Making accessibility updates a team effort
For many agencies, digital compliance with Section 508 of the Rehabilitation Act of 1973 is an ongoing process. Especially this year, with updates in January 2018 to formally include the Web Content Accessibility Guidelines (WCAG).
The revised requirements are giving many government service providers incentive to educate themselves on accessibility, as well as review and refresh formally noncompliant platforms and websites.
With this in mind, we did some education of our own, in the form of a company Project Spotlight review. Developer Caroline Casals presented the background on accessibility, and some ways we can better meet the compliance needs of our clients.
She underlined the belief that accessibility is a team effort, with all members of a project team doing their part, from PMs, to designers, devs, content managers, and QA. Many hands makes light work, as the saying goes. If each member of the team does their bit, accessibility compliance become less of a burden.
“When you say accessibility, everyone thinks it’s just color contrast and font size,” says Casals. “But it’s not just about design. The thread of accessibility compliance runs through every phase of a piece of software. Developers need to think about properly formatted controls and pages. QA needs to incorporate compliance into test suites. Project Managers need to sort issues by levels of importance and make sure everyone does their part to meet requirements. It’s not one person’s problem.”
Background on Section 508
“The power of the Web is in its universality,” said Tim Berners-Lee. “Access by everyone regardless of disability is an essential aspect.”
According to statistics, 18.7 percent of Americans have a disability, and 54 percent of adults living with a disability go online.
Section 508 of the Rehabilitation Act of 1973 is a federal law mandating that electronic and information technology developed or used by the federal government be accessible to people with physical, sensory, or cognitive disabilities. Any state or local agency that accepts federal funding must have digital services that are Section 508 compliant.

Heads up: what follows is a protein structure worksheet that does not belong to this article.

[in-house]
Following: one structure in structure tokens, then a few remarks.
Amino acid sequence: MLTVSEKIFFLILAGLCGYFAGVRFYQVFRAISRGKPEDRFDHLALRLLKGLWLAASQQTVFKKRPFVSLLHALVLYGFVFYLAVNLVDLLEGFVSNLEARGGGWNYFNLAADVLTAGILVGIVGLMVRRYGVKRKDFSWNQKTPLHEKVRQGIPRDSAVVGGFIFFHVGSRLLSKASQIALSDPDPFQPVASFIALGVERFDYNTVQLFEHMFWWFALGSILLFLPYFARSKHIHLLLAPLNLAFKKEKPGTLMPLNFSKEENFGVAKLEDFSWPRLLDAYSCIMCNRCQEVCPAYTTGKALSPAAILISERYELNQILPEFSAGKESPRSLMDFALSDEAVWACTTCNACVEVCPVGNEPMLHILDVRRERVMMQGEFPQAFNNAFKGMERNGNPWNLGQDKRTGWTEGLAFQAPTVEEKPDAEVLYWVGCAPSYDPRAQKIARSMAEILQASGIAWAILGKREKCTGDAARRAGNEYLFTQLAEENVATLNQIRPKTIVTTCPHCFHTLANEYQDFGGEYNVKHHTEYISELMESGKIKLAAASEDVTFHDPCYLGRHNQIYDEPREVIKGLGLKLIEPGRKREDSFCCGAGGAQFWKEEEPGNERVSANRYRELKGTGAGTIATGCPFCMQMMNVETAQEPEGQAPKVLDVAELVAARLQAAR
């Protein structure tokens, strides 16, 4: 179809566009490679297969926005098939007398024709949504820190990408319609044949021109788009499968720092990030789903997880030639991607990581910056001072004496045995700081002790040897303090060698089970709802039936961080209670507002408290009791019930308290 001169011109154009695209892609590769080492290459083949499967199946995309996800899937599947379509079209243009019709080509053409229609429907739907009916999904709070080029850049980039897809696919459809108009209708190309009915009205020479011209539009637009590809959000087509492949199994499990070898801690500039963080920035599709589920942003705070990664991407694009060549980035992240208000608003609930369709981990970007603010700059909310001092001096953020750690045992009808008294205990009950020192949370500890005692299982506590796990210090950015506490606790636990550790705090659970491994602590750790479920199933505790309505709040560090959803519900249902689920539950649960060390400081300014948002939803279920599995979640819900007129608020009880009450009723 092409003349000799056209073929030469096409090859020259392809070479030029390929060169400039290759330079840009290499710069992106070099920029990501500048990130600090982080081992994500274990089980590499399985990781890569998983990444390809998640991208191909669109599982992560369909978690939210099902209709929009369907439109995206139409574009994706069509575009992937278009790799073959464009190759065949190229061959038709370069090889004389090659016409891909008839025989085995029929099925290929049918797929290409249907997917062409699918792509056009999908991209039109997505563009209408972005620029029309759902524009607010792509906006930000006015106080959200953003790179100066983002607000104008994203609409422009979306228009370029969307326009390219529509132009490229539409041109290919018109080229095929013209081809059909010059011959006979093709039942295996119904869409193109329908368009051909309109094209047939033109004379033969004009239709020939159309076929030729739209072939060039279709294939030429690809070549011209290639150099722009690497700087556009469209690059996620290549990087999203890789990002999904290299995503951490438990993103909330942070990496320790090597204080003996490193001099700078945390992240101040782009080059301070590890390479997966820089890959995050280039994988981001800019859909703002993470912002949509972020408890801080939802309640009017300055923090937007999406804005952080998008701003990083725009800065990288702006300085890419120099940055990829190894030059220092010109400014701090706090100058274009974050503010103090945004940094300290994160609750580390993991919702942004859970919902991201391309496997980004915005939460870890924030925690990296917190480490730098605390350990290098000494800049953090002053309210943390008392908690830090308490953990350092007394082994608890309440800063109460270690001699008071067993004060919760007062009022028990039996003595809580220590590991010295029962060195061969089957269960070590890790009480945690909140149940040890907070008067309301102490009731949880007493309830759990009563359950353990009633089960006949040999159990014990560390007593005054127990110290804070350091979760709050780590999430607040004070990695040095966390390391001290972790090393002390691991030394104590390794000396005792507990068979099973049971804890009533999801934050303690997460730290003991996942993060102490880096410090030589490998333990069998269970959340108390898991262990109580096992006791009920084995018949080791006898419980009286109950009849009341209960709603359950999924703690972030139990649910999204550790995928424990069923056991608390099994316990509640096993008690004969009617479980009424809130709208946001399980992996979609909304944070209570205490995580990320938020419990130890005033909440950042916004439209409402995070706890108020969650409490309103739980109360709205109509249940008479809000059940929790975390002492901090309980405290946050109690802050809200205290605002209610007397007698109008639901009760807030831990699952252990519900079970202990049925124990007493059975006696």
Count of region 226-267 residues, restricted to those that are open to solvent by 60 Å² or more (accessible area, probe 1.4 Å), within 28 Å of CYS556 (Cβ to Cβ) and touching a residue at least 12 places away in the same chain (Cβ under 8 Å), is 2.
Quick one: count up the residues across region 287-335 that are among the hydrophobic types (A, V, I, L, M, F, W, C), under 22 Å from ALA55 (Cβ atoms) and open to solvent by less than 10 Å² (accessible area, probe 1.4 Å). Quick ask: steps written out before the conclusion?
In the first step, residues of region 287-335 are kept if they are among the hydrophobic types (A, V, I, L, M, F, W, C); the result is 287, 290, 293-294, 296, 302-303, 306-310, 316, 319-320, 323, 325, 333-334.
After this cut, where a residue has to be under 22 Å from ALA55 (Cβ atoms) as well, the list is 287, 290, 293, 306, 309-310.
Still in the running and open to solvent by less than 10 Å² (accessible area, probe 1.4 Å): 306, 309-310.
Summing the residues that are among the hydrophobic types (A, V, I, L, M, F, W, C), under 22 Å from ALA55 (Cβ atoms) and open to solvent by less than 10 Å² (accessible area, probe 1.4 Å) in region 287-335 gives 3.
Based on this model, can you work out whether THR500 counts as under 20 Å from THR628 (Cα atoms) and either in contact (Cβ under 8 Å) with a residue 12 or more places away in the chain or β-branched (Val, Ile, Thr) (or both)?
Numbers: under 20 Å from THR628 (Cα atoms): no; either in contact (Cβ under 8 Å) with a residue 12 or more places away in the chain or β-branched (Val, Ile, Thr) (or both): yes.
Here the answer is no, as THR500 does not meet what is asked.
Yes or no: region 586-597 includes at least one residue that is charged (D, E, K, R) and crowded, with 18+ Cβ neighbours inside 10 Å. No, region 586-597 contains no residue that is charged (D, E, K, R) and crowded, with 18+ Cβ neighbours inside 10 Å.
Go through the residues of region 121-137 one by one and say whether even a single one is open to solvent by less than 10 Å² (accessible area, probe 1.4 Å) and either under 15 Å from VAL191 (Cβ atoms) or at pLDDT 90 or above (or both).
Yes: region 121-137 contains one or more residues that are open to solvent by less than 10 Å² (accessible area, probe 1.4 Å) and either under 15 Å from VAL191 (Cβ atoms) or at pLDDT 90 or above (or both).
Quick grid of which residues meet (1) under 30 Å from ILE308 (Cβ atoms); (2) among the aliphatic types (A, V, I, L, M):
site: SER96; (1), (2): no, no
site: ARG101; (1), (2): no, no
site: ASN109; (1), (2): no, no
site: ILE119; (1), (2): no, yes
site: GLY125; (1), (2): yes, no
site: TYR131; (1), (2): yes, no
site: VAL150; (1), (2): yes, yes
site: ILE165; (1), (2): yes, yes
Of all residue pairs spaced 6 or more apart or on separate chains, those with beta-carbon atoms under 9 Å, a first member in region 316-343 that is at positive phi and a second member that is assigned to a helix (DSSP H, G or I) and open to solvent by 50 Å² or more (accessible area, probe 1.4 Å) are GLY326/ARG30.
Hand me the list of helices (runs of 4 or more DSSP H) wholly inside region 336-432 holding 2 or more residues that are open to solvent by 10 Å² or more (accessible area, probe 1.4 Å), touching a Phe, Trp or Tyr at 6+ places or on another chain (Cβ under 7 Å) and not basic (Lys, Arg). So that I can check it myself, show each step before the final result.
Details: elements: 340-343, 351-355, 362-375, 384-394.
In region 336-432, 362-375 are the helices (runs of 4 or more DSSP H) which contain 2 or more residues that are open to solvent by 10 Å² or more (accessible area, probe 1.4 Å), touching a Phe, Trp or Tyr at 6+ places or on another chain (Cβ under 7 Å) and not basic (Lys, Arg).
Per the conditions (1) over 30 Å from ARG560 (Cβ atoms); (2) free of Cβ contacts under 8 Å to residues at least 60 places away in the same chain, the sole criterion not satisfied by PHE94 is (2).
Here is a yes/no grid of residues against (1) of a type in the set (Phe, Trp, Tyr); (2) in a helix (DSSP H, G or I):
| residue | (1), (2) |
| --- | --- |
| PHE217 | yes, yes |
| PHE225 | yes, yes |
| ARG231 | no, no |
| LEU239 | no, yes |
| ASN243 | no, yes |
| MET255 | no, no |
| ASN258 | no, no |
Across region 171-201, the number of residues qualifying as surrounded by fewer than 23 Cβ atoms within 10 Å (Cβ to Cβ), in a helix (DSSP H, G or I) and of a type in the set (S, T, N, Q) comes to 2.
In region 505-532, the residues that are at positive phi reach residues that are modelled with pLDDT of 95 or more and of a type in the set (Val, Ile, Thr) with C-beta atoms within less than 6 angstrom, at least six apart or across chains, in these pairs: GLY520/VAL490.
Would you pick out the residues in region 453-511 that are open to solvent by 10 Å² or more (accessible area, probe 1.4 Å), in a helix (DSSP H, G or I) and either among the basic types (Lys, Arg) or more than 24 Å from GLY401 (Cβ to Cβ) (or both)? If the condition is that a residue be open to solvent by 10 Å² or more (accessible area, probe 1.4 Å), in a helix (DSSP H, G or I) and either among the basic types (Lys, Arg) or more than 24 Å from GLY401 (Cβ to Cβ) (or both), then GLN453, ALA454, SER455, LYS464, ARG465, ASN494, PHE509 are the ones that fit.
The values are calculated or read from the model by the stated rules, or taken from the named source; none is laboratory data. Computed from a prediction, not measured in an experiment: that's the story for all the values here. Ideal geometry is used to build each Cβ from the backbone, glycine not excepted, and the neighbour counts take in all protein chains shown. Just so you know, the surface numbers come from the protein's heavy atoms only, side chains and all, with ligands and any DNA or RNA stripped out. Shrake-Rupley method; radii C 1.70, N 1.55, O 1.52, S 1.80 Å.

Web Content Accessibility Guidelines
The January 18 updates to Section 508 give fewer exemptions for hardware and software and additional interoperability requirements for braille displays and screen magnification software. They also now require use of the Web Content Accessibility Guidelines (WCAG) from the World Wide Web Consortium (W3C).
The WCAG, produced by the Web Accessibility Initiative (WAI), provide guidance on how to be 508 compliant. The recommendations include how to make text easier to read for disabled users and screen readers, and guidelines for descriptive tags on visual content, such as videos and images, to aid visually impaired users, with priority levels of 1, 2 or 3:
- A – a basic requirement for most groups to be able to use Web documents
- AA – will remove significant barriers to accessing Web documents
- AAA – will improve access to Web documents
An updated edition, WCAG 2.1, was released this year in January 2018.
To aid in the process of developing WCAG compliant digital hardware and software, the W3C guidelines define the four principles of web accessibility with the acronym POUR. Accessible applications should be Perceivable, Operable, Understandable, and Robust.
- User must be able to see or hear content, with text alternatives that explain the purpose of audio, video, and images, and attention must be paid to color, contrast, and text size
- In other words, all users are able to have the same experience on a site
- Navigation must be easy to understand, including breadcrumbs, headings, menus, and search, and keyboard commands must work for people who can’t use a mouse
- In other words, all site elements and controls are usable